A bridge in Minneapolis collapses. Nuclear weapons experimentation makes Kazakhstan home to people with awful disfigurements. A train wreck in Brazil kills eight and injures over 100. Civil war tears apart the hopes and dreams of children in Africa. ISIS continues its reign of terror in the Middle-east. Seemingly countless murders tear apart families.
Evil, defined for this article as sin or injustice against another human being, is all around us.
I am not about to try to give a comprehensive explanation for how evil came to be. I do not claim to be the kind of person who can do that. God created men with the ability to sin and the ability not to sin, but I cannot reason beyond that.
I do not know how evil came to be; I just know that evils exists. Evil is present. Evil is real.
What must exist in order for evil and suffering to be truly wrong? Does not the existence of evil itself require a standard of good?
Should we just accept evil as a part of the way the universe works? Should we accept a view of evil based on social convention, or the DNA encoded in our cells?
These things vary from one person to the next, but we do not find a definition of evil that changes greatly from person to person, place to place, or time to time. We always seem to have a notion of the way things ought to be.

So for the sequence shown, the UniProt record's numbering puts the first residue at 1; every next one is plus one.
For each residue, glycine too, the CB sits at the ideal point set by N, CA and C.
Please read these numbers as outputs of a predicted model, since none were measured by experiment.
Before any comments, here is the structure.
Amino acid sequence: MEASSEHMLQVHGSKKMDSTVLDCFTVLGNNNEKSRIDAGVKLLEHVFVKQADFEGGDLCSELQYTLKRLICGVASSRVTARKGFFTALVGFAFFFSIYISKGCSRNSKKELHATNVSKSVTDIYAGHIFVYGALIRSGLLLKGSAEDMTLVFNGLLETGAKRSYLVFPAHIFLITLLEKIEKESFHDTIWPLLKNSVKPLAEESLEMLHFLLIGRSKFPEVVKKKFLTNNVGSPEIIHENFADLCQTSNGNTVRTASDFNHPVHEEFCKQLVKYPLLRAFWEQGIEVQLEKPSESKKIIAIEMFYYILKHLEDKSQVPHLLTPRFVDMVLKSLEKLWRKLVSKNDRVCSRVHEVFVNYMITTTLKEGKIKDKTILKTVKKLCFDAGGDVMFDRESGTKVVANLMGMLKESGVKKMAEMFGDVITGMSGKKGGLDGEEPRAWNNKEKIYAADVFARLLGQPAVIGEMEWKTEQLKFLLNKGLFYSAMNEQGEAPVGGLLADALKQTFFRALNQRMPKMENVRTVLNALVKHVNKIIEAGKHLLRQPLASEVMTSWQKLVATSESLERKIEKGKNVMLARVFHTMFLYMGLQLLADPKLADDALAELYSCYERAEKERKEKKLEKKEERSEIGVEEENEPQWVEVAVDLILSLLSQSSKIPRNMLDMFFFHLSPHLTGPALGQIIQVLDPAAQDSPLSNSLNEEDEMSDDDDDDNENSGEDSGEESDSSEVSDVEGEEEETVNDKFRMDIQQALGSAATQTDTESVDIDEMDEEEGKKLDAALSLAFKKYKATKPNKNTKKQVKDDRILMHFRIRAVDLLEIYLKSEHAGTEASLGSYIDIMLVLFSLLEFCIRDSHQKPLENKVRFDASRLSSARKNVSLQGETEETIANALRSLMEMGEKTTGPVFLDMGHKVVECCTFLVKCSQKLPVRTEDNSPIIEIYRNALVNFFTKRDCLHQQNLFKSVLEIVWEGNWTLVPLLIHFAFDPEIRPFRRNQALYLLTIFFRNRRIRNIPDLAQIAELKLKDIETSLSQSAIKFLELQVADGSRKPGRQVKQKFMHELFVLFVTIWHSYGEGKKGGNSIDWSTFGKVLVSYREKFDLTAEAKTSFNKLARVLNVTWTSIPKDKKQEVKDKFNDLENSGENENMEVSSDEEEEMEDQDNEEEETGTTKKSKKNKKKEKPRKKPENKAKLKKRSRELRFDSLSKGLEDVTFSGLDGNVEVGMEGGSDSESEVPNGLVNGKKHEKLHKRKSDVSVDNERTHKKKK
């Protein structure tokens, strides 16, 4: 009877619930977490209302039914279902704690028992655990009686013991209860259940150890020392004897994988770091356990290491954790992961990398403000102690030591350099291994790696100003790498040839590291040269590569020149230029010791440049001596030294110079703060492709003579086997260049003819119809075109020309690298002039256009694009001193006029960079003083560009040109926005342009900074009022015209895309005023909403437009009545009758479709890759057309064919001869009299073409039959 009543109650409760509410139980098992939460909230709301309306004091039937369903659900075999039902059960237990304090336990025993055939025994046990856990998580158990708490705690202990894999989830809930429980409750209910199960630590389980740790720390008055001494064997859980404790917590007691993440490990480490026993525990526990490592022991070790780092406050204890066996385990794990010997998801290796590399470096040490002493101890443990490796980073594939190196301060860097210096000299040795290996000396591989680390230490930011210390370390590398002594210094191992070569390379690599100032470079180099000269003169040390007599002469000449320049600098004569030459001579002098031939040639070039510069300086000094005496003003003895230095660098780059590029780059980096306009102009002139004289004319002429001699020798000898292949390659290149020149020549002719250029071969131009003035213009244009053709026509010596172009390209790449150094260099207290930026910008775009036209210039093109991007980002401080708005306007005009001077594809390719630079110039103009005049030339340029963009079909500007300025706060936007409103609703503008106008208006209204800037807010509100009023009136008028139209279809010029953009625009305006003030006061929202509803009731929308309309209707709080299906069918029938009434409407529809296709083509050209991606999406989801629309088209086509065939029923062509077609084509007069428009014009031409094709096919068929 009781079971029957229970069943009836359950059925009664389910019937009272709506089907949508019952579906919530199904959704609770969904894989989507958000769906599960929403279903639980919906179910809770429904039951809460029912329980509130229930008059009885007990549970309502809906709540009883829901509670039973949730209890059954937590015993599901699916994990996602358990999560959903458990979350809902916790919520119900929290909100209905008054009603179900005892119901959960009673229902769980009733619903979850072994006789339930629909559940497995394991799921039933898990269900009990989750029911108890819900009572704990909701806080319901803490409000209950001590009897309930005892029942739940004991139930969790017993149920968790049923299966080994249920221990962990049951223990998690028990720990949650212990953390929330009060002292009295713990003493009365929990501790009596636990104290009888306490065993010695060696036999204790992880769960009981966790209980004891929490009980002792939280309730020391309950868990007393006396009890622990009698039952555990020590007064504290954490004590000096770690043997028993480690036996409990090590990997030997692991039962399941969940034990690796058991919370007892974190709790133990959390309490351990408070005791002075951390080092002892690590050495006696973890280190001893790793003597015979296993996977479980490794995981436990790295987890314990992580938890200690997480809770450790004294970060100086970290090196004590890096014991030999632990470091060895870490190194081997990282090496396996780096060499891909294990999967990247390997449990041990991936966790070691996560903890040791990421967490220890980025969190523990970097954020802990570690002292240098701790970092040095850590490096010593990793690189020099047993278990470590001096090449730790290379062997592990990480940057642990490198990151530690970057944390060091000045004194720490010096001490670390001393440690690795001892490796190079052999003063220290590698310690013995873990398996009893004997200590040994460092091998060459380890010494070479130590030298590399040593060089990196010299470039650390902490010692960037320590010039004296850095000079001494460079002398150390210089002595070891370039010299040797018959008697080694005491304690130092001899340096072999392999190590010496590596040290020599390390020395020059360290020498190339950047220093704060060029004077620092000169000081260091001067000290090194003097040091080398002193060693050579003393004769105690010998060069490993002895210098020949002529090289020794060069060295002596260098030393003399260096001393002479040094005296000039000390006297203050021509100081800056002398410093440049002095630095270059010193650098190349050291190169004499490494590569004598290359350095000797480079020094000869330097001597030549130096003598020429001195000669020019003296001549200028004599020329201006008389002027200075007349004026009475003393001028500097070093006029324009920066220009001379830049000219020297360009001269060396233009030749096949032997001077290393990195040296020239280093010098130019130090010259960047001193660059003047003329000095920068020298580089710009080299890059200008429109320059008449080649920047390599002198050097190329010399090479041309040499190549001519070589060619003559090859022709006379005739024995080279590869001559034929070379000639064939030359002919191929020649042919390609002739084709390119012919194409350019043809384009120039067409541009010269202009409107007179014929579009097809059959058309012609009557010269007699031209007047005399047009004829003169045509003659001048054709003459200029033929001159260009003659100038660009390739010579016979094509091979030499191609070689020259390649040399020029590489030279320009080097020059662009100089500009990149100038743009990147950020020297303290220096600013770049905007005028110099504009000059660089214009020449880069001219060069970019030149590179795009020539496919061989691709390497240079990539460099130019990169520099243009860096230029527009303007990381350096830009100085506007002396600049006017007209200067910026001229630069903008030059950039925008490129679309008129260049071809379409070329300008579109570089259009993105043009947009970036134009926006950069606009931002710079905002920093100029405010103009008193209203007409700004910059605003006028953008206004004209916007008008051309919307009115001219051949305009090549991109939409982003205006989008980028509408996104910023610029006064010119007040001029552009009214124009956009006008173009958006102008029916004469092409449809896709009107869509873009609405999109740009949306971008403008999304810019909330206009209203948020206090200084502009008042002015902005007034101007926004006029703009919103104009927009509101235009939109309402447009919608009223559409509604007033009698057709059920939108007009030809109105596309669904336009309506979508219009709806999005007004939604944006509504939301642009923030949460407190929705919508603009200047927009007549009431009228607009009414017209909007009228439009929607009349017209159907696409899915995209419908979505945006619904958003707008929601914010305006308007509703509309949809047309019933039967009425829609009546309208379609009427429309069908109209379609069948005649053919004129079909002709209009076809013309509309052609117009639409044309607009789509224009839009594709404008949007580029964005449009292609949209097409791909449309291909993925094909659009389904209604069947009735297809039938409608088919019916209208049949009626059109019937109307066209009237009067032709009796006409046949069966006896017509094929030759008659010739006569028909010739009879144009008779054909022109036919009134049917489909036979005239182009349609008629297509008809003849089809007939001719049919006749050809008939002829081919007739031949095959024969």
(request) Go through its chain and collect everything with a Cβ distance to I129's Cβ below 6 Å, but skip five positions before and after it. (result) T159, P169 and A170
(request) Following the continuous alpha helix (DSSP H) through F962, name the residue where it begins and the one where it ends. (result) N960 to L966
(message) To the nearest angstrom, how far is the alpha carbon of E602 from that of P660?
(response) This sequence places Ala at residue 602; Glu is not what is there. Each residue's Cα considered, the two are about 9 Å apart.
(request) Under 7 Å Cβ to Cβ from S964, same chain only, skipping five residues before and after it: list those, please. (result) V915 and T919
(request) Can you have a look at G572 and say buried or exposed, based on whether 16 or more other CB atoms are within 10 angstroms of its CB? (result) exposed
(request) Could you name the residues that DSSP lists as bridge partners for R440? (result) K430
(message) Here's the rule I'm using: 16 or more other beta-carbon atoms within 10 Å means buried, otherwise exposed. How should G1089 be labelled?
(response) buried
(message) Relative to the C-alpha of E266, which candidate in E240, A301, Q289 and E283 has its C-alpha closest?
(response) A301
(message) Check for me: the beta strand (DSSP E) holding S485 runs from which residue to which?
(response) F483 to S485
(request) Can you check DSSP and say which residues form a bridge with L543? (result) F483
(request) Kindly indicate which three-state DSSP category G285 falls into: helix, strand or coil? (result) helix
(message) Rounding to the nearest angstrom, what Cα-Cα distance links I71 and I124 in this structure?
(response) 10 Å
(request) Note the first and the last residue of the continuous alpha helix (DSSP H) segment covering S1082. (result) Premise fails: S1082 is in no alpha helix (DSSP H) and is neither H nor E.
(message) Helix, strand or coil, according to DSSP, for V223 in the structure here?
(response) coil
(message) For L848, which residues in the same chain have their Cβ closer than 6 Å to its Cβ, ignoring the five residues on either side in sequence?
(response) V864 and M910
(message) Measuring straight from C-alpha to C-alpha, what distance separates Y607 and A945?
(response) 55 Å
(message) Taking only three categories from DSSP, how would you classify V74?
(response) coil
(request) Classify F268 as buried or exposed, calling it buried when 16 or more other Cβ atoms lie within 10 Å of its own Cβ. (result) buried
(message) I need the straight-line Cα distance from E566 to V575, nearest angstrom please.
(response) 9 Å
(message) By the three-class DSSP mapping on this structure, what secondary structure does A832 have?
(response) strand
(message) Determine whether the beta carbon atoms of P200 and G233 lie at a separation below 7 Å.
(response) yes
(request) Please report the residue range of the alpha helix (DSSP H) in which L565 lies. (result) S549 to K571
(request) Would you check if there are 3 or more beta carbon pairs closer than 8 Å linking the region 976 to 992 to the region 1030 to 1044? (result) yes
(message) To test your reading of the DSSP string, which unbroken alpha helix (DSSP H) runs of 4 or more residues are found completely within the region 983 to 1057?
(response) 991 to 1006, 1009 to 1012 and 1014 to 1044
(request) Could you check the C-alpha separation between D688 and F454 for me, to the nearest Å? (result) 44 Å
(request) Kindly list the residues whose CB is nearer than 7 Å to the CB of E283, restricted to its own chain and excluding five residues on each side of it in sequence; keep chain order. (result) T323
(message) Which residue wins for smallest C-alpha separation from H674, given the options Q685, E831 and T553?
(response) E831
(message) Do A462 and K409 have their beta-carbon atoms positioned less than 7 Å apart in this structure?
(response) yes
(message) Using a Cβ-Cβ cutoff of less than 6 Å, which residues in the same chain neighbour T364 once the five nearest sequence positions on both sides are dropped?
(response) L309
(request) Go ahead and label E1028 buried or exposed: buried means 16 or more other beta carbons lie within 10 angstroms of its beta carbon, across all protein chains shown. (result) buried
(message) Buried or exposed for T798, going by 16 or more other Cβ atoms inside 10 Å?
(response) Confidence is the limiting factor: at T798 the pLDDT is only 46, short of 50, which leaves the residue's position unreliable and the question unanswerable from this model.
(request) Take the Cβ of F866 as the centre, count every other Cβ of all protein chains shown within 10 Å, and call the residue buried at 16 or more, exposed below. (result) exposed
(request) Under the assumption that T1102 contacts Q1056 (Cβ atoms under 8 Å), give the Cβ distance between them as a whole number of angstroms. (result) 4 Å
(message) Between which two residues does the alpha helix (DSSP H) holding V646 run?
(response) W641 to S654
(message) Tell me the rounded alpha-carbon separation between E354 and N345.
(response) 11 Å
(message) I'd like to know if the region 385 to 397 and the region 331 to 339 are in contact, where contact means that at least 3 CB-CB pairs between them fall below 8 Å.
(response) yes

I want a view of the world around me that accounts for the reality of evil and suffering. I want it to be called evil, not just the absence of happiness that is a social construct of mere men.
We know that this standard of good and evil must be real. Life makes no intuitive sense without it.
The denial of evil is impossible in view of the pain and suffering we see around us. I want cruelty to be profoundly wrong. For this, I need an absolute standard for what is right.
Christianity allows for this standard. It allows evil to be “evil.” Non-Christian views of the world do not allow for this standard because they provide no standard or right and wrong.
The theologian Greg Bahnsen writes:
… it is crucial to the unbeliever's case against Christianity to be in a position to assert that there is evil in the world -- to point to something and have the right to evaluate it as an instance of evil … the problem of evil turns out to be, therefore, a problem for the unbeliever himself. In order to use the argument from evil against the Christian worldview, he must first be able to show that his judgments about the existence of evil are meaningful -- which is precisely what his unbelieving worldview is unable to do.
Knowing that evil “is,” that it exists, is enough to convince us that there is a God. We cannot define evil without defining good. Evil is a falling short of the good.
Knowing that evil “is” leads us relentlessly to a God who is the definition of good. Without Him, we would not know evil when we saw it.
Of course, Christianity does not stop there. It also offers hope for deliverance from evil. In the life, death, burial, and resurrection of Christ we find ultimate deliverance from “the last enemy,” death. (1 Corinthians 15:25-28).
In Christ, we find deliverance from the power of evil and the forces that bring it about (Colossians 2:8-15). Many have found Christ to be their life and hope in the face of the real, tangible evil we find all around us. We turn in our next post to one outcome of the teachings of the Bible.